Over the past six years Lena Dunham, creator of HBO’s Girls has invigorated the white upper class feminist (or what we call a “WUF”). Existing as the herald of the “WUF” population, she’s earned quite a bit of opposition as her characters and their storylines created depressing vapid forms of womanhood. After the accusations about her “possibly sexually abusing her sister” cleared up, a new scandal approached as she released a statement on a personal experience to Amy Schumer.
With the blatant stereotype connection that she threw into her statement, the internet said that they had finally “had enough” with her “marketplace feminism“. That was the final straw for me up into that point. I had always tried to give Lena the benefit of the doubt, because I still believe that it’s outstanding that she created an uber successful show about catty women on a Network that favors the male point of view. The world needed a break from the outspoken “self aware” woman.
Fast forward to a few months later, and the final season of Girls has premiered on HBO. While catching up on the first three episodes of season six, I noticed something vastly different. The overall tone and Hannah herself seemed off beat and more pliable. If you’ve never tuned into Girls before and have no desire to ever start the show, then I understand, BUT if you care about sexism and the subtle but powerful mirco-aggressions that it exudes, then I suggest you take the time to watch episode 3 of season 6 titled “American Bitch”.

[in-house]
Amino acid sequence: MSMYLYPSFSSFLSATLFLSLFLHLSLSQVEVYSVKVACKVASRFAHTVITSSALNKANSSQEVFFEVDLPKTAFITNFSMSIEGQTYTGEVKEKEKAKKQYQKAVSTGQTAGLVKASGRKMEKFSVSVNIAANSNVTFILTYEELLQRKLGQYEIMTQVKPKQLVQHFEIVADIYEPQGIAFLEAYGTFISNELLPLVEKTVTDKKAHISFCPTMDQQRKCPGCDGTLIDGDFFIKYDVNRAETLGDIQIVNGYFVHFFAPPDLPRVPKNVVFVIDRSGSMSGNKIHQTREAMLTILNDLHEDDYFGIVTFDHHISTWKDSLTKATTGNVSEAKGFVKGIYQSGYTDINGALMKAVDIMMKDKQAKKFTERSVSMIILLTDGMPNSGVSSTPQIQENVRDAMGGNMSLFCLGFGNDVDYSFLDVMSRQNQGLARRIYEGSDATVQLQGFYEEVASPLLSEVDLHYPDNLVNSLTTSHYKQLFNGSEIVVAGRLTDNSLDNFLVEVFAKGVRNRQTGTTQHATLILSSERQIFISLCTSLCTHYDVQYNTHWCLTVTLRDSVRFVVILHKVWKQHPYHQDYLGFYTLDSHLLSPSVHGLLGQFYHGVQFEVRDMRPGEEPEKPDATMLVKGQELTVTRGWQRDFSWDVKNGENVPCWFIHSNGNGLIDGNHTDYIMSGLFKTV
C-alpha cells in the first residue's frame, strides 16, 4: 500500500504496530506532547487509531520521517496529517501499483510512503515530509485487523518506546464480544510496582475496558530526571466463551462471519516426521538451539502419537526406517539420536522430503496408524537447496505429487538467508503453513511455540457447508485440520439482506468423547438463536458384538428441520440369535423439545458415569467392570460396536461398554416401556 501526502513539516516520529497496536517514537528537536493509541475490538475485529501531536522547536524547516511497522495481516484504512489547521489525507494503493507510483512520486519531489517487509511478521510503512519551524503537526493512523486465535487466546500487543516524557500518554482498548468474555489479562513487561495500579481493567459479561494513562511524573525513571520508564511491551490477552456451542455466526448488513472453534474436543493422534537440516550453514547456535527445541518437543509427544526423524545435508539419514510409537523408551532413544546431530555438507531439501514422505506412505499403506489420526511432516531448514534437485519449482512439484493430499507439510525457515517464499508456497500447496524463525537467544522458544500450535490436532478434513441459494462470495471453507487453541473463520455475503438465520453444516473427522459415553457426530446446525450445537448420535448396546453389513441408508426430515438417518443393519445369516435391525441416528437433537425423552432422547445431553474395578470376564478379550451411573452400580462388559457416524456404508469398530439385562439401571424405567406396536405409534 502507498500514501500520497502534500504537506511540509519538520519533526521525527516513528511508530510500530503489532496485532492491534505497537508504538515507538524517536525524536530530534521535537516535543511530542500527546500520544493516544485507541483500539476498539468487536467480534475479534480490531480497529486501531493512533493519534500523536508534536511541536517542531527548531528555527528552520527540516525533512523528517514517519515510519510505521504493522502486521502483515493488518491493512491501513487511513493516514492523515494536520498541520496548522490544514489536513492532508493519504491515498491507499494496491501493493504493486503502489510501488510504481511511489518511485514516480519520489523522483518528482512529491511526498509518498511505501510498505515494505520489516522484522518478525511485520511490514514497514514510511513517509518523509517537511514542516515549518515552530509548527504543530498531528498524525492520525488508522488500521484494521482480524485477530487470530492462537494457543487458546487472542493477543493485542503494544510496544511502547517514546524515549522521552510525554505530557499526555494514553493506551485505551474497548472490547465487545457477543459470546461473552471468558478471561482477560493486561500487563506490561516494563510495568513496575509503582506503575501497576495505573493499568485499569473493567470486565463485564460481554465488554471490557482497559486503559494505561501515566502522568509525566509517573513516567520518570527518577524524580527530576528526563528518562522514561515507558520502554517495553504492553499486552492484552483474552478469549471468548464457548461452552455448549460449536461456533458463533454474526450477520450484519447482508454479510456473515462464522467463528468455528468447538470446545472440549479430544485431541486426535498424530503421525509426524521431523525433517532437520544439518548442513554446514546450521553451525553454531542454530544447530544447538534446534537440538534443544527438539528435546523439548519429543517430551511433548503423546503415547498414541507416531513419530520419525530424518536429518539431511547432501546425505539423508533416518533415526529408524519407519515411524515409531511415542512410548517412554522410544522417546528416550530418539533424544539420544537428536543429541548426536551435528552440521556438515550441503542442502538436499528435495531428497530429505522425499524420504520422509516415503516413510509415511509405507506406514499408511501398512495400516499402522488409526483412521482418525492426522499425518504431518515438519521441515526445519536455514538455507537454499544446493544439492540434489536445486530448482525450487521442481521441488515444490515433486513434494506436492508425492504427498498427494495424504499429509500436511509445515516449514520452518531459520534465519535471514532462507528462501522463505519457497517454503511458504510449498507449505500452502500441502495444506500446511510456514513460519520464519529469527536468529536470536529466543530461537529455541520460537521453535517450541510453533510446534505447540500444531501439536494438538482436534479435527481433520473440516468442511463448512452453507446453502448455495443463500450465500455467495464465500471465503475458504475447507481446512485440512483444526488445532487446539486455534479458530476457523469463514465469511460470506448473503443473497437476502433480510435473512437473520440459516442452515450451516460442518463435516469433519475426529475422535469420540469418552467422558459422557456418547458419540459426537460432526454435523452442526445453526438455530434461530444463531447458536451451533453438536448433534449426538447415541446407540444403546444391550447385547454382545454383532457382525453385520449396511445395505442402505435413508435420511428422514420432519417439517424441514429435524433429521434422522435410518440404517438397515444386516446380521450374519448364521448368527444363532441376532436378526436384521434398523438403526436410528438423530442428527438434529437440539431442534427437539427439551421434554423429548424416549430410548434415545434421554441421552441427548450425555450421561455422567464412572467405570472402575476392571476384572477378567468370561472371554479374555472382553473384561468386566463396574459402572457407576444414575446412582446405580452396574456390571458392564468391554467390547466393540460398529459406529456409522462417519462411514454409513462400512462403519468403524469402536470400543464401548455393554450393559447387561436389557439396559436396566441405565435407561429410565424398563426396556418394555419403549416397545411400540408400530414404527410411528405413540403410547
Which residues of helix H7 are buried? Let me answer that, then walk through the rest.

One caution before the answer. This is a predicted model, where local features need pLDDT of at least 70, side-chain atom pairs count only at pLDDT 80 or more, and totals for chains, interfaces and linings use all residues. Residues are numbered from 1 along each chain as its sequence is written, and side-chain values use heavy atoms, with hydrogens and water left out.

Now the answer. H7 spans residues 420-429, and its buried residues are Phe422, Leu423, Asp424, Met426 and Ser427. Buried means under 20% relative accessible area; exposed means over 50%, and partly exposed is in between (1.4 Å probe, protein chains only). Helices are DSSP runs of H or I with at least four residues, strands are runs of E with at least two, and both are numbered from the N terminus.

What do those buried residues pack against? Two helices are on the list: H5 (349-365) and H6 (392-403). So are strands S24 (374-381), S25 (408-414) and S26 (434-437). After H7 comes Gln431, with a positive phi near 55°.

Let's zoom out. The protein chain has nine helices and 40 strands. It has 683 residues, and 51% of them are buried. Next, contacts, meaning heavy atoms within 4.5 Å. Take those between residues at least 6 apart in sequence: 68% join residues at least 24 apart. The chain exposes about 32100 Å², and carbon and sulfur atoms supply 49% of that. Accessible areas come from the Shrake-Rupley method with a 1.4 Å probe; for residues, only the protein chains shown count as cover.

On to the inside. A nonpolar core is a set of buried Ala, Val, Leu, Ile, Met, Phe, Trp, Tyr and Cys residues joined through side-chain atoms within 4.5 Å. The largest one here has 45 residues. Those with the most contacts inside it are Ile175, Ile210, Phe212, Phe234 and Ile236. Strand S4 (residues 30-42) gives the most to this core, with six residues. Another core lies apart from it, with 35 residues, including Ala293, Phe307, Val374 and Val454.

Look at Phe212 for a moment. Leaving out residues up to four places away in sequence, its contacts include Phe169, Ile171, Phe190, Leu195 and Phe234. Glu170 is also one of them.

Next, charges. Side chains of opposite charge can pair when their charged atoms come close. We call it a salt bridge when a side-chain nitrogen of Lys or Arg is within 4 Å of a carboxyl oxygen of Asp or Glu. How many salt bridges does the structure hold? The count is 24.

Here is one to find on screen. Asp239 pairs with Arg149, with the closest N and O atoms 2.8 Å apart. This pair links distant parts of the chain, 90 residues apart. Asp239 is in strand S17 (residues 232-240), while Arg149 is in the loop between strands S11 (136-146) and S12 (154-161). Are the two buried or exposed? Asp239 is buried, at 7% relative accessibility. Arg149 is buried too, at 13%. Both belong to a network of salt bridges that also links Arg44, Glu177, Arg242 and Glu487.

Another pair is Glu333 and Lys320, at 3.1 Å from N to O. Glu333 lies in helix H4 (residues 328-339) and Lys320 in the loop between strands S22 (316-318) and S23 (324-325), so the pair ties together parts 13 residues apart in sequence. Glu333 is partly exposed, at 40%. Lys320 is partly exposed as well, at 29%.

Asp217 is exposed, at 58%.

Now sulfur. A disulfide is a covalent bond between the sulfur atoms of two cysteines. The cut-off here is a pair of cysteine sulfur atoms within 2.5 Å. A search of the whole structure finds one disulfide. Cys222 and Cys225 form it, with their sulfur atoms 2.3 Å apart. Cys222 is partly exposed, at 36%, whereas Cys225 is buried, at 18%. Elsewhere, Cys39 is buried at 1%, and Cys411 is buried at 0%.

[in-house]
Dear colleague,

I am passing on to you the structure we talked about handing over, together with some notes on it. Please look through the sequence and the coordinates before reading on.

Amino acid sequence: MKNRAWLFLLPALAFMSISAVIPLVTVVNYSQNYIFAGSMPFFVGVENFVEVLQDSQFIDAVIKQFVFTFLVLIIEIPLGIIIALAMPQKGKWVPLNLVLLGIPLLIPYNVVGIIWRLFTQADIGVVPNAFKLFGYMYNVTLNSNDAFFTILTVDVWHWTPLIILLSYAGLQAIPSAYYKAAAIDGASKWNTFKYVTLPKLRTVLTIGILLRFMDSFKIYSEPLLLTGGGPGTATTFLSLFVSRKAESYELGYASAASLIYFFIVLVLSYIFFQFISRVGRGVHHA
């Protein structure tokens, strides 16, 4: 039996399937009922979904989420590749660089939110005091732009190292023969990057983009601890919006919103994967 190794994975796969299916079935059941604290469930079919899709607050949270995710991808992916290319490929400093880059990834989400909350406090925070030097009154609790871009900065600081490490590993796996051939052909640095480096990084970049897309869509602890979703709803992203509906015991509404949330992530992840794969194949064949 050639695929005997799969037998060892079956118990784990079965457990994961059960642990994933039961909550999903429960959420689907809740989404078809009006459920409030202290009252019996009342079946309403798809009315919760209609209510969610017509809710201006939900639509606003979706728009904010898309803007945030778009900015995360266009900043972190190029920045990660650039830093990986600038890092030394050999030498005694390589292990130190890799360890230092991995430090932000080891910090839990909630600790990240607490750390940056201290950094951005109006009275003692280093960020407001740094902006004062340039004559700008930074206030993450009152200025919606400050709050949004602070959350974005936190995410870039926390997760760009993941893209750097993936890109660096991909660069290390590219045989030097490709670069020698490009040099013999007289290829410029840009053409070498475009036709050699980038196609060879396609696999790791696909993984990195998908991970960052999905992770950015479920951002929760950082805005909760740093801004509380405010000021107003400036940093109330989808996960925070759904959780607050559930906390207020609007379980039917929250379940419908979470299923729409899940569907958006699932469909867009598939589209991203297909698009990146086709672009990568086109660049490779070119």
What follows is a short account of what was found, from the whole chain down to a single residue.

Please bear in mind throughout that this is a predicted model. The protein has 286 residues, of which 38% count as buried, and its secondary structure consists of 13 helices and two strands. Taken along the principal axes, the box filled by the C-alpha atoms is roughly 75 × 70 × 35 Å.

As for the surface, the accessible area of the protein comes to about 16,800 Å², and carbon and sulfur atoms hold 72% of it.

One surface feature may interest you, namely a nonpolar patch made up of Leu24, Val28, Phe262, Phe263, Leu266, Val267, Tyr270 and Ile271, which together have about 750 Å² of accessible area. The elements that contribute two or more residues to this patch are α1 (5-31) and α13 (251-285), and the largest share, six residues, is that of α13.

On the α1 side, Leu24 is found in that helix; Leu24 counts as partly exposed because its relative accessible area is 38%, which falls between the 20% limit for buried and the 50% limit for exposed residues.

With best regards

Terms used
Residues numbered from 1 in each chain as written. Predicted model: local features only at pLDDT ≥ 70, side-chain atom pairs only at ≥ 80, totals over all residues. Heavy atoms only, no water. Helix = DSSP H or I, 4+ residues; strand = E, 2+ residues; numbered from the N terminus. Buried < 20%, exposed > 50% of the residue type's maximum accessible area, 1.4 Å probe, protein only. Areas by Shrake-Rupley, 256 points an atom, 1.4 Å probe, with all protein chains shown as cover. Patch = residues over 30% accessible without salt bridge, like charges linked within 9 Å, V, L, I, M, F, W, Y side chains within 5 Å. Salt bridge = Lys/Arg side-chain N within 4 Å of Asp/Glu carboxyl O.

Without giving the full plot away, the message of this episode was about the power dynamics between men in charge and the women who rightfully seek to taste a little bit of their power and privilege.
“American Bitch” is a cunning episode; it’s a timely one, too. It has one major flaw, although it doesn’t harm the episode’s effectiveness: Hannah doesn’t feel much like the character we’ve watched for six seasons. That person has acted a bit like Chuck at times: she macked on one middle-aged boss and flashed another; she slept with a teen boy; she nearly forced her sweet boyfriend to receive a blow job he kept rejecting. It’s part of what makes Hannah such an original character: her sexual chaos, her willingness to embrace abjection, the fact that she won’t take a no, even when it turns her into the butt of someone else’s joke.
The Hannah in “American Bitch” feels more like Lena Dunham, in her ideas if not her biography. It’s Hannah’s creator who has become, over six seasons, a voice for feminism, elevating other women’s voices in Lenny Letter; it’s Dunham who talks about rape culture and her experience as a survivor. Of course, that other gray area, the one between Lena and Hannah (and Aura, her character in “Tiny Furniture”; and Ella, from Dunham’s college-era film “Creative Nonfiction”; and Anna, the character that Hannah writes about when she’s in Iowa, who “has to eat every two hours or she faints”), is a big part of the show’s dark-comic engine—just as it has been in every great sitcom throughout TV history, from “I Love Lucy” to “Louie” to “Seinfeld” to “Roseanne.” TV sitcoms are machines that turn private humiliations into something big and wild and public. Through Hannah, Dunham gets to paint a picture of her own house and then paint herself into it. The episode lacks continuity, but it’s a brilliant one-off.